Tuesday, April 4, 2017

A to Z: Character Arcs

2017 THEME: Editing Fiction (Because that's what I'm in the middle of doing.)

What is the Blogging from A to Z challenge and where can I find more participants? Right here.

Character arcs can be vital to making your story end in a satisfying manner. Yes, it's important that the antagonist or main point of conflict is overcome, but how did it change your protagonist?

I once wrote a novel where the poor main character suffers terribly, yet manages to defeat the antagonists by the end of the story. It should all be good, right? Sadly, no. I found the story elicited a resounding 'meh' from those that read it. The problem: The character never changed. He was the same guy at the beginning, beset by trying circumstances, who then has to make connections with several shady folks, suffers some injury and emotional trauma, but then comes out on top, generally the same guy. He didn't grow.

So it was back to the drawing board...or keyboard as it were. Time to dig deeper into the character, to make him more active in his journey, not just physically, but emotionally, so that at the end, he had changed, for better or worse.

As you read over the story you're editing, give some thought not only to the plot arc, but also the characters. Are they changed? Do they grow? Did they learn something important about themselves? Are they adequately challenged to create a solid conflict and satisfying resolution?

What's your favorite way to put characters through the wringer to elicit change?

I'd love to visit your blog and see what you're up to with the A to Z Challenge. Please be sure to leave a link with your comment.


  1. Character driven stories are my favorite. I love it when a character grows with the story. ♥️

  2. Excellent advice and explained so well.

    Emily | My Life In Ecuador

  3. Hi Jean - not writing novels ... but one definitely needs to be engaged with the character and watch them change in ways that portray and add to the story line engaging us into the book ... cheers Hilary

  4. What doesn't kill you makes you stronger even in characters. We all change, eh? Good post.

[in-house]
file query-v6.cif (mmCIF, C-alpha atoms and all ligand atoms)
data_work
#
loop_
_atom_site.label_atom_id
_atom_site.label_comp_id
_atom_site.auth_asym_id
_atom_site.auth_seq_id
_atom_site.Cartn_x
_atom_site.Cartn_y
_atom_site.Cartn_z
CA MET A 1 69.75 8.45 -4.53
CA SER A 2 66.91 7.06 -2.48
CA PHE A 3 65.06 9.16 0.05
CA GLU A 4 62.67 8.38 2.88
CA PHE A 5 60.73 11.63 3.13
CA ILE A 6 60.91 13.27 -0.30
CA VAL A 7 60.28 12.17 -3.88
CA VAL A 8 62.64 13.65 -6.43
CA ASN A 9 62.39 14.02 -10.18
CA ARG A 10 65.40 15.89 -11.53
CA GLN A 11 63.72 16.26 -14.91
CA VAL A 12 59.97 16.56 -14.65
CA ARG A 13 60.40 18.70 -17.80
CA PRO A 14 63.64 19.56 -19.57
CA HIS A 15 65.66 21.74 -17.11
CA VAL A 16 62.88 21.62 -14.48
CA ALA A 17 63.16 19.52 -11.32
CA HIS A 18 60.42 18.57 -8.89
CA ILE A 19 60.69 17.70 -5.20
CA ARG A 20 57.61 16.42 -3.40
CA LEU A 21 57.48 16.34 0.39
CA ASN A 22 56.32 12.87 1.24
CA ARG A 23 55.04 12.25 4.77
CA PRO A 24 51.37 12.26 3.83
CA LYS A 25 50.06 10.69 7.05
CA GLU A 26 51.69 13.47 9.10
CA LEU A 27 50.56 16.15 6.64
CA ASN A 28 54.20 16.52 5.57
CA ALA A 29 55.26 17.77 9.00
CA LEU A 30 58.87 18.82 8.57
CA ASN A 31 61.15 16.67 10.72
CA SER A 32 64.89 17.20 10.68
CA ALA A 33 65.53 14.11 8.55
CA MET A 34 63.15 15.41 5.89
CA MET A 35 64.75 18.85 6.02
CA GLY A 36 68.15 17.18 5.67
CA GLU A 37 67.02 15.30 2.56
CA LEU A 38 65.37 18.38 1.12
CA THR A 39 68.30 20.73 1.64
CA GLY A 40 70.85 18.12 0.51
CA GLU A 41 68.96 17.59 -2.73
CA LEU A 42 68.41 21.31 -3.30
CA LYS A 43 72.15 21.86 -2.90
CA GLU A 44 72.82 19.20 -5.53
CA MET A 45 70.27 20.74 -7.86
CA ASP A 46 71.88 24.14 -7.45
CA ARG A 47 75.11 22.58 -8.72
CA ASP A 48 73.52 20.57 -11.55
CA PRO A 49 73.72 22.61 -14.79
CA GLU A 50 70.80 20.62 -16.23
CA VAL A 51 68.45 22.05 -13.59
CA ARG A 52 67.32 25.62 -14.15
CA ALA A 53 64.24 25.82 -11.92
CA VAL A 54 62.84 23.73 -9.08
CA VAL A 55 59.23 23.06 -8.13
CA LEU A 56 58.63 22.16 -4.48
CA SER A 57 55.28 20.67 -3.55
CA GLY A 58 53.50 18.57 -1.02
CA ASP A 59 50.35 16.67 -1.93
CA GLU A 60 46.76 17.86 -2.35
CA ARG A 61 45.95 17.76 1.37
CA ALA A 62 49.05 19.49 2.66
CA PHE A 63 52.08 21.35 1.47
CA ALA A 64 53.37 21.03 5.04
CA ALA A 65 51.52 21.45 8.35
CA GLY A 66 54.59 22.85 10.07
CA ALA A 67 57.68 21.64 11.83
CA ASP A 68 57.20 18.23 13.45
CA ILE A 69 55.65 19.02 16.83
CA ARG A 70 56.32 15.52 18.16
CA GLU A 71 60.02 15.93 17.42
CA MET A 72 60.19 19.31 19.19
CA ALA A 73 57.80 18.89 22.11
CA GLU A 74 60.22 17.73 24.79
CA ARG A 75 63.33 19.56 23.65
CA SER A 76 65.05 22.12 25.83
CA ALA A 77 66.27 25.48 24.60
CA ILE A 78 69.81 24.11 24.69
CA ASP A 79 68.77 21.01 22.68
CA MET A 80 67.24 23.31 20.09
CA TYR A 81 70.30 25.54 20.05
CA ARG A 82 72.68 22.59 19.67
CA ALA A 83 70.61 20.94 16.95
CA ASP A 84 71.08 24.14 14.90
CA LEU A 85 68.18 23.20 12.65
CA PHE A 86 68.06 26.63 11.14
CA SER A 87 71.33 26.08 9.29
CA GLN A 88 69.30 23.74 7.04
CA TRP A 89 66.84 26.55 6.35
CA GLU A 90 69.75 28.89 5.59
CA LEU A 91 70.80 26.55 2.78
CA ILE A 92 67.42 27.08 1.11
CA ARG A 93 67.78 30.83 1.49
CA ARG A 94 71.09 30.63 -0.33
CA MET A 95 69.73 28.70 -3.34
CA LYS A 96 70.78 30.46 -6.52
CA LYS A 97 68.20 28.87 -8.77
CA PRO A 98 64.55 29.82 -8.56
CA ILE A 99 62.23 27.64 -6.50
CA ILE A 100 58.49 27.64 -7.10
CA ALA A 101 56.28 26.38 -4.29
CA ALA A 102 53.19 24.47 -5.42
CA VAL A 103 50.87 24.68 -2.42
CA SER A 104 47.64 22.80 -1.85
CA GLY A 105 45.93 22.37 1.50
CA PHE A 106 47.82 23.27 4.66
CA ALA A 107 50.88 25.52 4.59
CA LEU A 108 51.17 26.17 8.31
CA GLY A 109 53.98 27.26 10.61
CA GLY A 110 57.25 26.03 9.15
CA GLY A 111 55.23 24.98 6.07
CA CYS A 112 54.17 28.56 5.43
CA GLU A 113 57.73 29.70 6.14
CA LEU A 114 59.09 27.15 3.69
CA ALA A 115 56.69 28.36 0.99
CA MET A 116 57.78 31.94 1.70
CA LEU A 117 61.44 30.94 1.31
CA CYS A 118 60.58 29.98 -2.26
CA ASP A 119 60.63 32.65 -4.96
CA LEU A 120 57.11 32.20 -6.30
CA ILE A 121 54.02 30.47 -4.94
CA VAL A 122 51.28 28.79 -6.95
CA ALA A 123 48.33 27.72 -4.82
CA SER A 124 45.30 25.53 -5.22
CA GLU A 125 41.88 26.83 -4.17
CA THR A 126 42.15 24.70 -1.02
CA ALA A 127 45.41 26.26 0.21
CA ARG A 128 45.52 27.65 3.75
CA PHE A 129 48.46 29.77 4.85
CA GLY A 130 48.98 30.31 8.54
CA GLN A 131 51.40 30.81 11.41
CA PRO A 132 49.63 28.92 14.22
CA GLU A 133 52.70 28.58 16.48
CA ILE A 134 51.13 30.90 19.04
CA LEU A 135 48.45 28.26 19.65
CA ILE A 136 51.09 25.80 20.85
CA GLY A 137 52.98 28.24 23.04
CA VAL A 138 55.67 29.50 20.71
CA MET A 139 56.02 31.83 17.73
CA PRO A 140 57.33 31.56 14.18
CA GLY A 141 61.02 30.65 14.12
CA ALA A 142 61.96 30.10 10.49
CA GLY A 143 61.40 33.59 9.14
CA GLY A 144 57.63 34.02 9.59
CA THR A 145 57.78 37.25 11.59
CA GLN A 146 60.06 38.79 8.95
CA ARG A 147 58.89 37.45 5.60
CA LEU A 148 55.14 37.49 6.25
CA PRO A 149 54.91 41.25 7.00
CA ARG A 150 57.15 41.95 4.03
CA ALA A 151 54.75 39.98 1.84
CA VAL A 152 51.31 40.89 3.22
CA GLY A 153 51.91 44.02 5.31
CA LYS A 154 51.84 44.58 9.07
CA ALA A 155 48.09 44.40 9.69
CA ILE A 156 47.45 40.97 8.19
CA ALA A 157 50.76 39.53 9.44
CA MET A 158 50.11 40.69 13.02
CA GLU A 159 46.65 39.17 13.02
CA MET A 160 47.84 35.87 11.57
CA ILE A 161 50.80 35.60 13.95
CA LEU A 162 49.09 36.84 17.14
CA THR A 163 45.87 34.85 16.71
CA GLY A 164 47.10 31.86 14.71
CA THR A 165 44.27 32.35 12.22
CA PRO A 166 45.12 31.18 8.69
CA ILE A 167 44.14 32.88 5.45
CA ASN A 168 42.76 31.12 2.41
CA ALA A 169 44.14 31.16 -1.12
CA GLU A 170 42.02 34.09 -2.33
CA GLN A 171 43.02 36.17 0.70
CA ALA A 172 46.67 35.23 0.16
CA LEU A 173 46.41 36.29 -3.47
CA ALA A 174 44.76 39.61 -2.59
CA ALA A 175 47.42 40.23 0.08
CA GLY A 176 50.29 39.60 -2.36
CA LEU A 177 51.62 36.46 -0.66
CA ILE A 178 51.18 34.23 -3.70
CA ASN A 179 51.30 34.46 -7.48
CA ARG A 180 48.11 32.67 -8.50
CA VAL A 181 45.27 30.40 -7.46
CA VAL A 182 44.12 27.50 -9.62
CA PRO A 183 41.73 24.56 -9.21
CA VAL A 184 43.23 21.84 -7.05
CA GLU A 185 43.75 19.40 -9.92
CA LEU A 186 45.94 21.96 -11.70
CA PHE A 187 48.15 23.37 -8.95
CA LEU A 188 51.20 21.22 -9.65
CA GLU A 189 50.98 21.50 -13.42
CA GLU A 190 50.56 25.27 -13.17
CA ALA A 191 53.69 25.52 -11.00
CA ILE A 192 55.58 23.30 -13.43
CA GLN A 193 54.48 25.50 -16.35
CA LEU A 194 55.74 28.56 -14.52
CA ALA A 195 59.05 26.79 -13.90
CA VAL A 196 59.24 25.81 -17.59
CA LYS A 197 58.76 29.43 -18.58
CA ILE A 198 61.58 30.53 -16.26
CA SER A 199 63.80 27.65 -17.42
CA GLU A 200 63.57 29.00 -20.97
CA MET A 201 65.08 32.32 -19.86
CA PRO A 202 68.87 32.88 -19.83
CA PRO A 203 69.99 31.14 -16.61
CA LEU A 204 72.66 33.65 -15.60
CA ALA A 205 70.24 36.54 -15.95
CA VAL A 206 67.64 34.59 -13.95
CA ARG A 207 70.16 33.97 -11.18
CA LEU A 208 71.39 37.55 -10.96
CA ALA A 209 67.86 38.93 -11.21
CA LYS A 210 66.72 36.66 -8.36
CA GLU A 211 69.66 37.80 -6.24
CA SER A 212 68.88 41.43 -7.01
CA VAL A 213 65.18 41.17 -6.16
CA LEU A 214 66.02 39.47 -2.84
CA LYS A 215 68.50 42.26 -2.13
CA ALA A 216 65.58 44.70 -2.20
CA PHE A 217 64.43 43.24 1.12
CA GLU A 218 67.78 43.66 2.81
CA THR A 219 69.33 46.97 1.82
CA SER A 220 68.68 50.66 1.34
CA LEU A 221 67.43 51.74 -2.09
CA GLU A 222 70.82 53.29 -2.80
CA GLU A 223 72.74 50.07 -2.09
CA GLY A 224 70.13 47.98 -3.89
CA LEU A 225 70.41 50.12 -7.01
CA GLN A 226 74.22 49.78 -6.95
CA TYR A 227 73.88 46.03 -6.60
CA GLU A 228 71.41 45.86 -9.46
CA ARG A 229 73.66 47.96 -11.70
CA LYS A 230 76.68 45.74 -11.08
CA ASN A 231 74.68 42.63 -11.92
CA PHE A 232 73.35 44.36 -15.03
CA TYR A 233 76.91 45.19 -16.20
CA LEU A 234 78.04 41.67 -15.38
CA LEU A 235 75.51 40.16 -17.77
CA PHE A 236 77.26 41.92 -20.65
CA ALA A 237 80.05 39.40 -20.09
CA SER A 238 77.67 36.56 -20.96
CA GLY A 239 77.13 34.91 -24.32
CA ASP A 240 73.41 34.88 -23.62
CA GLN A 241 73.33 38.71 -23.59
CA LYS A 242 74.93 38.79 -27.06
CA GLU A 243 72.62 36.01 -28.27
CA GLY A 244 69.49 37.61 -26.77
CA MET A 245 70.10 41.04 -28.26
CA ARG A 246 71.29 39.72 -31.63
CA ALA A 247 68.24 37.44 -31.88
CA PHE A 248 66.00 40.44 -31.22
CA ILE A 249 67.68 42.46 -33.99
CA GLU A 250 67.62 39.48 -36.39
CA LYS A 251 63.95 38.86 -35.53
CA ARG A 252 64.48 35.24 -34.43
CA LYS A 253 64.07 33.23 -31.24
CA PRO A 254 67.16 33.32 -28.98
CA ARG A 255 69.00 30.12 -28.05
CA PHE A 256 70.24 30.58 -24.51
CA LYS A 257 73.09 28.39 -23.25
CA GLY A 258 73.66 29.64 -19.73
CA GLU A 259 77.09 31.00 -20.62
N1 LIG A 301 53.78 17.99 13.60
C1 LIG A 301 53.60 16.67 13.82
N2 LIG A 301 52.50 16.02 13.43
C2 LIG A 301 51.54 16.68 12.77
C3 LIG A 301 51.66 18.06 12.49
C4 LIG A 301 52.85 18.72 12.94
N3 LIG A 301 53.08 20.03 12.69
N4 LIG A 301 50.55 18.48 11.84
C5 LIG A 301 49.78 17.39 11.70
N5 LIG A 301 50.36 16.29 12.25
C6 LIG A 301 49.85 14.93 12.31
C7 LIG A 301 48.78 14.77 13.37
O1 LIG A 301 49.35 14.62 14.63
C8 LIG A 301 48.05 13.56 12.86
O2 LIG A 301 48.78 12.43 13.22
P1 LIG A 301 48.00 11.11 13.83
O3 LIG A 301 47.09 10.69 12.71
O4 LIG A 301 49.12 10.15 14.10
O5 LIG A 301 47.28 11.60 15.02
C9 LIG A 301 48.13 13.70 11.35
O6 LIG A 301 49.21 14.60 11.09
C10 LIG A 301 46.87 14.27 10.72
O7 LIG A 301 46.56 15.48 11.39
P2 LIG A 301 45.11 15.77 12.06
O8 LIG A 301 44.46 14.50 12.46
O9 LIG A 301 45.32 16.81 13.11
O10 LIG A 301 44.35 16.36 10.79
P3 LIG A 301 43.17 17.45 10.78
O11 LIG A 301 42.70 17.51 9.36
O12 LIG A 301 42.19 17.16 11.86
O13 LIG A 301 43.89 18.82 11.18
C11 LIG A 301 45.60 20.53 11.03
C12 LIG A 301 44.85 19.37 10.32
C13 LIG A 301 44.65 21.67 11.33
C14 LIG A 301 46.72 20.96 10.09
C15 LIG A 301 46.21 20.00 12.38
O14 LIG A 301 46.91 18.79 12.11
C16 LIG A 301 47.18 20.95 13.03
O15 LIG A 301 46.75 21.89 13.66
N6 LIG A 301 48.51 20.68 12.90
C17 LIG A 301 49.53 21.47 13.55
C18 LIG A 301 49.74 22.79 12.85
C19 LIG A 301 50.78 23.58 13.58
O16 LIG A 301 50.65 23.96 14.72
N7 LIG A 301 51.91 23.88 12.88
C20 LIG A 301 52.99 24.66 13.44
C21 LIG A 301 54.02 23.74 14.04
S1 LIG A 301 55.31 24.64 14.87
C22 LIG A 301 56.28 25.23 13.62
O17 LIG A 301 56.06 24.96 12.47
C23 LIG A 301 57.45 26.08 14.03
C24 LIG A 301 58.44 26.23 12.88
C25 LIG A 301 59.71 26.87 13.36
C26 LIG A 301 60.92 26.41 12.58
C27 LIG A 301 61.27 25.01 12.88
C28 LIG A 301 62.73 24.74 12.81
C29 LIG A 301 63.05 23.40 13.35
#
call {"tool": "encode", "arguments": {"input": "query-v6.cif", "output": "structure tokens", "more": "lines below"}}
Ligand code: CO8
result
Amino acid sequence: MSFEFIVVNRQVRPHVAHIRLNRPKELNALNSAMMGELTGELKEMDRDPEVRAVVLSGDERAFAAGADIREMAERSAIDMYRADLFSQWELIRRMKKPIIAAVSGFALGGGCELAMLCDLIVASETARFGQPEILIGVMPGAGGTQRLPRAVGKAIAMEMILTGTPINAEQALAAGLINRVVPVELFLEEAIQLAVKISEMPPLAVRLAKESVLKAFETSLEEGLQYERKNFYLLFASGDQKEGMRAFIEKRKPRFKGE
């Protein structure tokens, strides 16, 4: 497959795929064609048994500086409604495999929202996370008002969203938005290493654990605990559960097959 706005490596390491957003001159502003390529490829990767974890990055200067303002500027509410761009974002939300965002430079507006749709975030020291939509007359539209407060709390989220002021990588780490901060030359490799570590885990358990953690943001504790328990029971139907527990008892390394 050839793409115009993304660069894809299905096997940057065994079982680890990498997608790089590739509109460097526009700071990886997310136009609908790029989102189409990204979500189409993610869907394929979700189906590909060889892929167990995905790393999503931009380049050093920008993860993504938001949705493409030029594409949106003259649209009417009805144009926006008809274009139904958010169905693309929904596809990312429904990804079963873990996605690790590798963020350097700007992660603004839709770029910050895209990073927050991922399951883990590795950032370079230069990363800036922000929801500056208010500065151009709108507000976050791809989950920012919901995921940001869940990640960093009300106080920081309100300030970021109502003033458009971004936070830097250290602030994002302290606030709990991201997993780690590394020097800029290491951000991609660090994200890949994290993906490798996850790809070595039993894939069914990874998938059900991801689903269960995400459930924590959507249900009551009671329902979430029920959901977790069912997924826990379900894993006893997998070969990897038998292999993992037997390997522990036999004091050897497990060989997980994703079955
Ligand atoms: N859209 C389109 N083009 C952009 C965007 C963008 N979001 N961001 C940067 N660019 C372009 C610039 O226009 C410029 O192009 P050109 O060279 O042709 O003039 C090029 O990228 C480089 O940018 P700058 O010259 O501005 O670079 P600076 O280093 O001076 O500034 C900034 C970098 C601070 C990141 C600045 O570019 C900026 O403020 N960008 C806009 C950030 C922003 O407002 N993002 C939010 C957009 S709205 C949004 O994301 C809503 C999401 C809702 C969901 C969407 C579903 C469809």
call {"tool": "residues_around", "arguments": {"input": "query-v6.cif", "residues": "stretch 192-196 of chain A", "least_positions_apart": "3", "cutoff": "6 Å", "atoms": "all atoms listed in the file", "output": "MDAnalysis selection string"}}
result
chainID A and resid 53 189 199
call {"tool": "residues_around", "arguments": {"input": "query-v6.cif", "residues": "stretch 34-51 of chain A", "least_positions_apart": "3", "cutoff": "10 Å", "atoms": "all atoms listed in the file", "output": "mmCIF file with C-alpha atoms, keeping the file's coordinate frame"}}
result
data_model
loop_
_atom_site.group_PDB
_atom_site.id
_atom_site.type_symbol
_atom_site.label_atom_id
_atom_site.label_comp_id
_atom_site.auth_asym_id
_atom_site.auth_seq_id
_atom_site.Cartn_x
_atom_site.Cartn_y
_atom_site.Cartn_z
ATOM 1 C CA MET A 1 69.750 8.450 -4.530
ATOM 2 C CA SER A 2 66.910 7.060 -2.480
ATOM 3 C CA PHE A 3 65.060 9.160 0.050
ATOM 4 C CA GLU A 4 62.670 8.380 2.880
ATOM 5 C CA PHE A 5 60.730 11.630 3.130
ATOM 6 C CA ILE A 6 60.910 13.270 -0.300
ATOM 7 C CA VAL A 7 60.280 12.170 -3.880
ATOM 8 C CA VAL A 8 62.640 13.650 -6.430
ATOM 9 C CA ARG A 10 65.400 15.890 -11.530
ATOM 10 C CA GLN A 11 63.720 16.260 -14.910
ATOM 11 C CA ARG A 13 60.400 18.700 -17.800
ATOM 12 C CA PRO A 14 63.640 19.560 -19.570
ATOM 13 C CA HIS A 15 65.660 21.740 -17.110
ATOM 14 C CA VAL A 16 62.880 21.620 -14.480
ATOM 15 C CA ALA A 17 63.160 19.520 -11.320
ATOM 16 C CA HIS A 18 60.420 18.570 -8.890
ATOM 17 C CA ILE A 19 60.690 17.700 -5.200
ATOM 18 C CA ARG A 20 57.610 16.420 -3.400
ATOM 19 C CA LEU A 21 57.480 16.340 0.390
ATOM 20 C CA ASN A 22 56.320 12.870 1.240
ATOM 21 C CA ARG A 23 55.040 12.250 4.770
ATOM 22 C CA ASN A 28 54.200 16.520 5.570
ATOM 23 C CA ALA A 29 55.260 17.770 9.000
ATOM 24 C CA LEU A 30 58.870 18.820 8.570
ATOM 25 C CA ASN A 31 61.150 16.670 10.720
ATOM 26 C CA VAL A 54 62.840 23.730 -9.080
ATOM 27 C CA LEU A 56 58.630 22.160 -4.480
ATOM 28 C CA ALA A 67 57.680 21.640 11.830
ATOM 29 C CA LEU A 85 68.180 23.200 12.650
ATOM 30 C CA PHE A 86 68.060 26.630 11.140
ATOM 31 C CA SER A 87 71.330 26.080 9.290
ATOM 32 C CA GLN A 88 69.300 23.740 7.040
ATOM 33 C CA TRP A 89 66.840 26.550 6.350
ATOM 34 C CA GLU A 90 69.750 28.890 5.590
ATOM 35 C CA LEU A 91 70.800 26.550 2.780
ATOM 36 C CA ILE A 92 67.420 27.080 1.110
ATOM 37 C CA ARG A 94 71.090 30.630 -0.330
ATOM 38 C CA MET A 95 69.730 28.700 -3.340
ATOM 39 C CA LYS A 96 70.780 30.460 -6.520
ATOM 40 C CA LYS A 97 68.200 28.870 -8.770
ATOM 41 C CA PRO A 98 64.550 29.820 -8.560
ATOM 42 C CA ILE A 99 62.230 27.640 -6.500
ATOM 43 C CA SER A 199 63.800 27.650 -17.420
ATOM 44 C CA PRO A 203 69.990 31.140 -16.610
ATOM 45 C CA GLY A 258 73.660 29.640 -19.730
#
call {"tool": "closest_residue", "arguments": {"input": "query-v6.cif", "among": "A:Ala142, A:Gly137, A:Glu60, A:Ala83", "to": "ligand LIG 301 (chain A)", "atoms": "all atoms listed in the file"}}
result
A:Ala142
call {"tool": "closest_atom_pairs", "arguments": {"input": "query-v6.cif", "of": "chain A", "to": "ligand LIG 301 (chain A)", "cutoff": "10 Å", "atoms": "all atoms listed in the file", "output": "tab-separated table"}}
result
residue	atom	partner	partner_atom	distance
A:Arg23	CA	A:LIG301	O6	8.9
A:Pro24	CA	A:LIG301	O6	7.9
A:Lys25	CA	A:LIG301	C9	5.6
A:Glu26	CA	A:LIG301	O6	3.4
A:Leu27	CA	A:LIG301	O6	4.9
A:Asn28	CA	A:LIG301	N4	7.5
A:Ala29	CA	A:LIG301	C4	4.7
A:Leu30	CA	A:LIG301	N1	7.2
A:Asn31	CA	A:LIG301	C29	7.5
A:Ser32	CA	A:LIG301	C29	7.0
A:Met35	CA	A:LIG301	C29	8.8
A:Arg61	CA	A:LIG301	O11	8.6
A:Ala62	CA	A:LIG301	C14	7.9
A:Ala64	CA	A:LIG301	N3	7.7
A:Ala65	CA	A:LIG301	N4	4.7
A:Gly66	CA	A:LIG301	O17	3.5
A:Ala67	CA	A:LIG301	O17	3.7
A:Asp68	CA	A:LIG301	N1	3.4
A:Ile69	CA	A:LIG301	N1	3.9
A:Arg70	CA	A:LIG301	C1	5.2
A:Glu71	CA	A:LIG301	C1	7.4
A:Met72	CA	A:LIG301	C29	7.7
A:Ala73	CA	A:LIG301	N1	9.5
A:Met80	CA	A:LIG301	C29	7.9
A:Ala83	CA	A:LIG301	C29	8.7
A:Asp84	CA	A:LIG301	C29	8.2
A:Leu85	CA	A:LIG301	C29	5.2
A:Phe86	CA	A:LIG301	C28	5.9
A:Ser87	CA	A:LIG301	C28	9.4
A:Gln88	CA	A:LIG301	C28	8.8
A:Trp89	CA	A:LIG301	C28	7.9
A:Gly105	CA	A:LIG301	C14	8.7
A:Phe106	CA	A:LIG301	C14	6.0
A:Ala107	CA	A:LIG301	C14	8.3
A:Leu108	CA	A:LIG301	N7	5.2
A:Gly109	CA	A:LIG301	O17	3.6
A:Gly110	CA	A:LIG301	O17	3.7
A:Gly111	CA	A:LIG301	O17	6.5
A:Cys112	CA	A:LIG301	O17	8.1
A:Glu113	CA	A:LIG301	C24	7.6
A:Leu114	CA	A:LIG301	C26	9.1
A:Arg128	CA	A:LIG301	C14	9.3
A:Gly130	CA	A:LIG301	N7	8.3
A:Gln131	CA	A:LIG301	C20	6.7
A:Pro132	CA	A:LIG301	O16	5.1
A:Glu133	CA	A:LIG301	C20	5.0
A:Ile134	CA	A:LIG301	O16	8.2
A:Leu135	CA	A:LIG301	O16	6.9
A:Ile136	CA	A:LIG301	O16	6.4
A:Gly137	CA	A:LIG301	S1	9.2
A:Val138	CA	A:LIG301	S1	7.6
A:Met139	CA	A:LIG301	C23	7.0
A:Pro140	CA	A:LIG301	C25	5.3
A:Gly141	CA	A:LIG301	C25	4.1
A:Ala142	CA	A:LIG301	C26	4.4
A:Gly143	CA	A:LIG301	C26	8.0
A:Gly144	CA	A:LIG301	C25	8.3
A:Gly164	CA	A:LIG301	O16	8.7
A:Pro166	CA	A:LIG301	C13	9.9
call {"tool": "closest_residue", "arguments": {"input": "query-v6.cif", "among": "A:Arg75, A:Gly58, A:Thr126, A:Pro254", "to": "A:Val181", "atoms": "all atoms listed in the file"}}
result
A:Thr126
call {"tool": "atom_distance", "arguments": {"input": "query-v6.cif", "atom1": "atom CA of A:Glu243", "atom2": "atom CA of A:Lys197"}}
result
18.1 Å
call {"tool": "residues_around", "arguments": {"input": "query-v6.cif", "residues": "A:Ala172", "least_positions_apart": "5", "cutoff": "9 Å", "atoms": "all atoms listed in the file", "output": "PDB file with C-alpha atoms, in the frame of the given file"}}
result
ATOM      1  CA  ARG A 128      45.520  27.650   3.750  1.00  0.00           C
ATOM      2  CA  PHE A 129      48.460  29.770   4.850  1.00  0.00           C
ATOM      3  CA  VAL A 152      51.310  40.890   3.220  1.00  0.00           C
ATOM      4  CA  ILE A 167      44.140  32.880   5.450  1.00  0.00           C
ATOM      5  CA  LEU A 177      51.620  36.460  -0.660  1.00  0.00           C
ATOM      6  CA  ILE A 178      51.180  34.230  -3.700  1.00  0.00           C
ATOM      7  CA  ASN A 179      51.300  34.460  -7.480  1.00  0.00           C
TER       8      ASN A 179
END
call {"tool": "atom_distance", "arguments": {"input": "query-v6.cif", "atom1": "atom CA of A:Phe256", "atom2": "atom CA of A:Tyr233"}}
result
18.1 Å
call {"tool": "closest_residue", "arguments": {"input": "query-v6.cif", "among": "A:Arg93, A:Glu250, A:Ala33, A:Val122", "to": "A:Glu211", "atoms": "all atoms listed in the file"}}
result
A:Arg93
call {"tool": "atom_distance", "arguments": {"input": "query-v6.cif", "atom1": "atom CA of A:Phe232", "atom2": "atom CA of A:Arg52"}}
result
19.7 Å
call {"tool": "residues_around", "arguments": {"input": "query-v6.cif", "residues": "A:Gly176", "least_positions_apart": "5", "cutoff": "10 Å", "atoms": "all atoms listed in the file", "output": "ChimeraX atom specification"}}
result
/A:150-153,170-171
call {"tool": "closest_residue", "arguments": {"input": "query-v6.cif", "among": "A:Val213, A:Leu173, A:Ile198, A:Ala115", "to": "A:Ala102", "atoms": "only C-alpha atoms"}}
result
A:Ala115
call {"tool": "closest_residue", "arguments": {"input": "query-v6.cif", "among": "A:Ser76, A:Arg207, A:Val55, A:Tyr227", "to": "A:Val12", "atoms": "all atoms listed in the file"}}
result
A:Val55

5. Yikes--I completely forgot about character arcs! Sure, I know story arcs, but this is so obvious now that you remind me.


  6. Really interesting and yes, I'm always more connected to the character if he's been through something life changing.
    Pamela @ Highlands Days of Fun

  7. Good post for beginning (and sometimes, not so beginning) writers.

    C: Carolinas & Catskills
    DB McNicol, author & traveler
    Theme: Oh, the places we will go!

  8. Great reminder. It's good when the character has to do things they didn't know they were capable of - and we learn along with them.

  9. Writing fiction is a challenge I haven't tried yet, but it sounds like a good idea to make your characters true to life. Everybody changes in one way or another, over time. Thanks for the tip!

  10. I completely agree - there is only so much of a flat character I can read! This is a question I even wonder about in real life - How do I learn from my experiences & hardships to emerge a better person! :)
    Your AtoZ is v. thought provoking!

    "*Ishieta @ Isheeria's*

    AtoZofHealing - C is for Chakra Healing "

  11. Very good advice :) I love putting characters in situations they have no way to deal with, and it doesn't even have to be the main plot, sometimes it's the subplot. Dragging someone outside their comfort zone is always going to change them. I think that's why I love crossover fanfic so much, because this is just about guarunteed.

    The one thing I really hate is when writers use another character's death to change their protagonist - mainly because it's over done. So many TV shows/movies do it, and it's usually the female character that gets it in the neck to give the male lead man pain. Argh!!! Of course character death can be done well, but so many times it's not.

    I fear I may have ranted there ... sorry :)
    Tasha's Thinkings - Shapeshifters and Werewolves


Join the conversation. It gets lonely in here without you.